Since we're on pet peeves, here's another one: Beautiful

Okay, I'm judging historical romances, yes, she's beautiful! But the reader needs more than the writer's word. Descriptions move the story, show the reader what the character looks like, more importantly what she's like as a person. Details and more details are what is needed. I would love to read a book where beautiful is not mentioned once, but the sense of beauty is in every word about her/him, the inner beauty, the all important beauty, not the physical attributes only. I bet publishers would enjoy seeing such descriptions as well.

Underlining Thoughts:

I must be old-school, because this is driving me batty!!!! The need to underline simple thoughts is not necessary. I don't know what English instructors are doing these days, but this interruption is really distracting. Since I have not attended an English class in some time, I won't say stop doing that, but I will tell you, I've lost interest at wondering if I'm supposed to enphasize those words in my mind, shout them out or something??? Underlined thoughts pull me out of the story. And folks, if it pulls me out, someone who loves to read, it will undoubtedly pull your reader out too. And that, ain't the idea at all!!!!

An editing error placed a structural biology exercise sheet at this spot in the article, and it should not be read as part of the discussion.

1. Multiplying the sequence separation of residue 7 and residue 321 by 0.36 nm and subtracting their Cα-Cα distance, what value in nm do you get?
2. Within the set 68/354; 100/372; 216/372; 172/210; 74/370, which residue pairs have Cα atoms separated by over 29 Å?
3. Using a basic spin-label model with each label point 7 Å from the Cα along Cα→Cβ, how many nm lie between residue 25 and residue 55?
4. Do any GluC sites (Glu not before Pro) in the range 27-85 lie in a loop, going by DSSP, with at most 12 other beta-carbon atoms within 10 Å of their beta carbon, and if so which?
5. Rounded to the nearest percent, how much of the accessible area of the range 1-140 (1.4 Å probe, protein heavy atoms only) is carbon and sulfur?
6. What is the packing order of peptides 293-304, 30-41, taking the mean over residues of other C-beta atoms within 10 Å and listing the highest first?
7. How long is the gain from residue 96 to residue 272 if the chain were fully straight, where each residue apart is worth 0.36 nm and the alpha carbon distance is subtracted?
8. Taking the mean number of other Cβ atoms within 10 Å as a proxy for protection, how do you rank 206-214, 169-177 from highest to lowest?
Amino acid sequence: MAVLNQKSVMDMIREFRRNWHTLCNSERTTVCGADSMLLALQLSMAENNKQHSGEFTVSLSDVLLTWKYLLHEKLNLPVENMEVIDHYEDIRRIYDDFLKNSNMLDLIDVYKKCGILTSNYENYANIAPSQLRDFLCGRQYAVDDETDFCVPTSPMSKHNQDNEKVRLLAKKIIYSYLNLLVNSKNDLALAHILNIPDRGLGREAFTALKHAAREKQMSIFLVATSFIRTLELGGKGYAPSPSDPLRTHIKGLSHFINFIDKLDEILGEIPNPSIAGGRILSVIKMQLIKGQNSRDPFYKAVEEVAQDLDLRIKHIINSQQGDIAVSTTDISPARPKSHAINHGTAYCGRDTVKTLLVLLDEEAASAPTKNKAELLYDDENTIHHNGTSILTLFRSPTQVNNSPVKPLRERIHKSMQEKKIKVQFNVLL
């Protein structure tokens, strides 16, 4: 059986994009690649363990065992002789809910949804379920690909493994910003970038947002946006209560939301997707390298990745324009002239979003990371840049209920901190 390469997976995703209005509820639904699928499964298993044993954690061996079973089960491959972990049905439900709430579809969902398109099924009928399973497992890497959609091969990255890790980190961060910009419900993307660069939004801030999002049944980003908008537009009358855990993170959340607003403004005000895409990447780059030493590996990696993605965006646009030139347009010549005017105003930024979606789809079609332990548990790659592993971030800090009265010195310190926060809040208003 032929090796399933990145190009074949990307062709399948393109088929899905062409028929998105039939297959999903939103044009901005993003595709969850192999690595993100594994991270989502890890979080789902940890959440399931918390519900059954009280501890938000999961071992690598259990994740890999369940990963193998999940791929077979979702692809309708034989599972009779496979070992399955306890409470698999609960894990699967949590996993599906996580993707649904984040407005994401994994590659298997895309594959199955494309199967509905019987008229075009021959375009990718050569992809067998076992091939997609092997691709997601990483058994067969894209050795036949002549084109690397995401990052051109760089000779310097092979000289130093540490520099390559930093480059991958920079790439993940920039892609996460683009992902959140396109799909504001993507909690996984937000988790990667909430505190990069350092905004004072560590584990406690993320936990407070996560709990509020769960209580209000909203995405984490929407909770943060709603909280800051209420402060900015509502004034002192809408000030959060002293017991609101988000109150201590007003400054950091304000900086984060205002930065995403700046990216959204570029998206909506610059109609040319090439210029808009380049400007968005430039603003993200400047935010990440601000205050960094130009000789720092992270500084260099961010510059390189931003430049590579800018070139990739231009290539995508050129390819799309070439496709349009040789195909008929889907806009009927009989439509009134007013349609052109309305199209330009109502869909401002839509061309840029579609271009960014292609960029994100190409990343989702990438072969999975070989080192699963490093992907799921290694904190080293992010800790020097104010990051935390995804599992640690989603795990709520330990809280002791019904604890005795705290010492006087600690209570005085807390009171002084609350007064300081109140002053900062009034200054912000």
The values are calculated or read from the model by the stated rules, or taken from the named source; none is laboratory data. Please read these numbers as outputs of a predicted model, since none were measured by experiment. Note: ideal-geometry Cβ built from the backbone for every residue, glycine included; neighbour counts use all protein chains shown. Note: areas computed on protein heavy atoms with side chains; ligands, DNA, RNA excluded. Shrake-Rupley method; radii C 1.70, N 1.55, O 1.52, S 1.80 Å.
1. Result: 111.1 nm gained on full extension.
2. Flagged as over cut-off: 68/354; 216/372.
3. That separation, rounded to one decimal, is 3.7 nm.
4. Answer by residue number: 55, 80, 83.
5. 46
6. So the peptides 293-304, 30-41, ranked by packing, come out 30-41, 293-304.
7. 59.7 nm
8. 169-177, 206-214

Paper Characters:

I'm talking about the minor characters not brought to life. Another big problem in the entries I've judged. Each character, no matter how minor, should be real to the reader. Introducing characters is never easy, but let the reader know the relationship between the main character and the new ones. By doing this, the reader grasps the connection, or lack of connection and develops a clearer picture of the plot unfolding. Physical description is crucial too, but it's the relationship between the characters that will bring them to life.

Withholding important information:

Don't confuse intrigue with insightful information. The reader needs to know why your character doesn't believe in love anymore, or why she can't go back home. A long explanation is not needed, but a hint of past problems, conflict enriches the story. It's not giving anything away, it's pulling the reader into the story. If some explanation is not given in a timely fashion, the reader becomes frustrated and may set the book aside. Not good. This confusion over delving out information when appropriate is another VERY big problem. My suggestion is to read, read, read, how others do it and then follow what you learned from them.

Too Many Questions:

When the main character continually poses questions to no one but themselves, it becomes distracting. Most times, turning questions into statements or thoughts serve the reader better, even if another sentence has to follow to make it clear. Let your reader pose the questions, not you, the writer.

Example: Could one so fair-haired and benign be John's brother?

Reworked: One so fair-haired and benign couldn't be John's brother.

I hope these common bloopers I've mentioned will help you tighten up your manuscript. Mentioning them is meant to help others from making the same mistakes. Finding a publisher is not easy, and they are a tough crowd to please. I know I only mentioned a smattering of solutions to you, but sometimes fixing the problem is the easy part, finding the mistake in the first place is the biggest hurdle.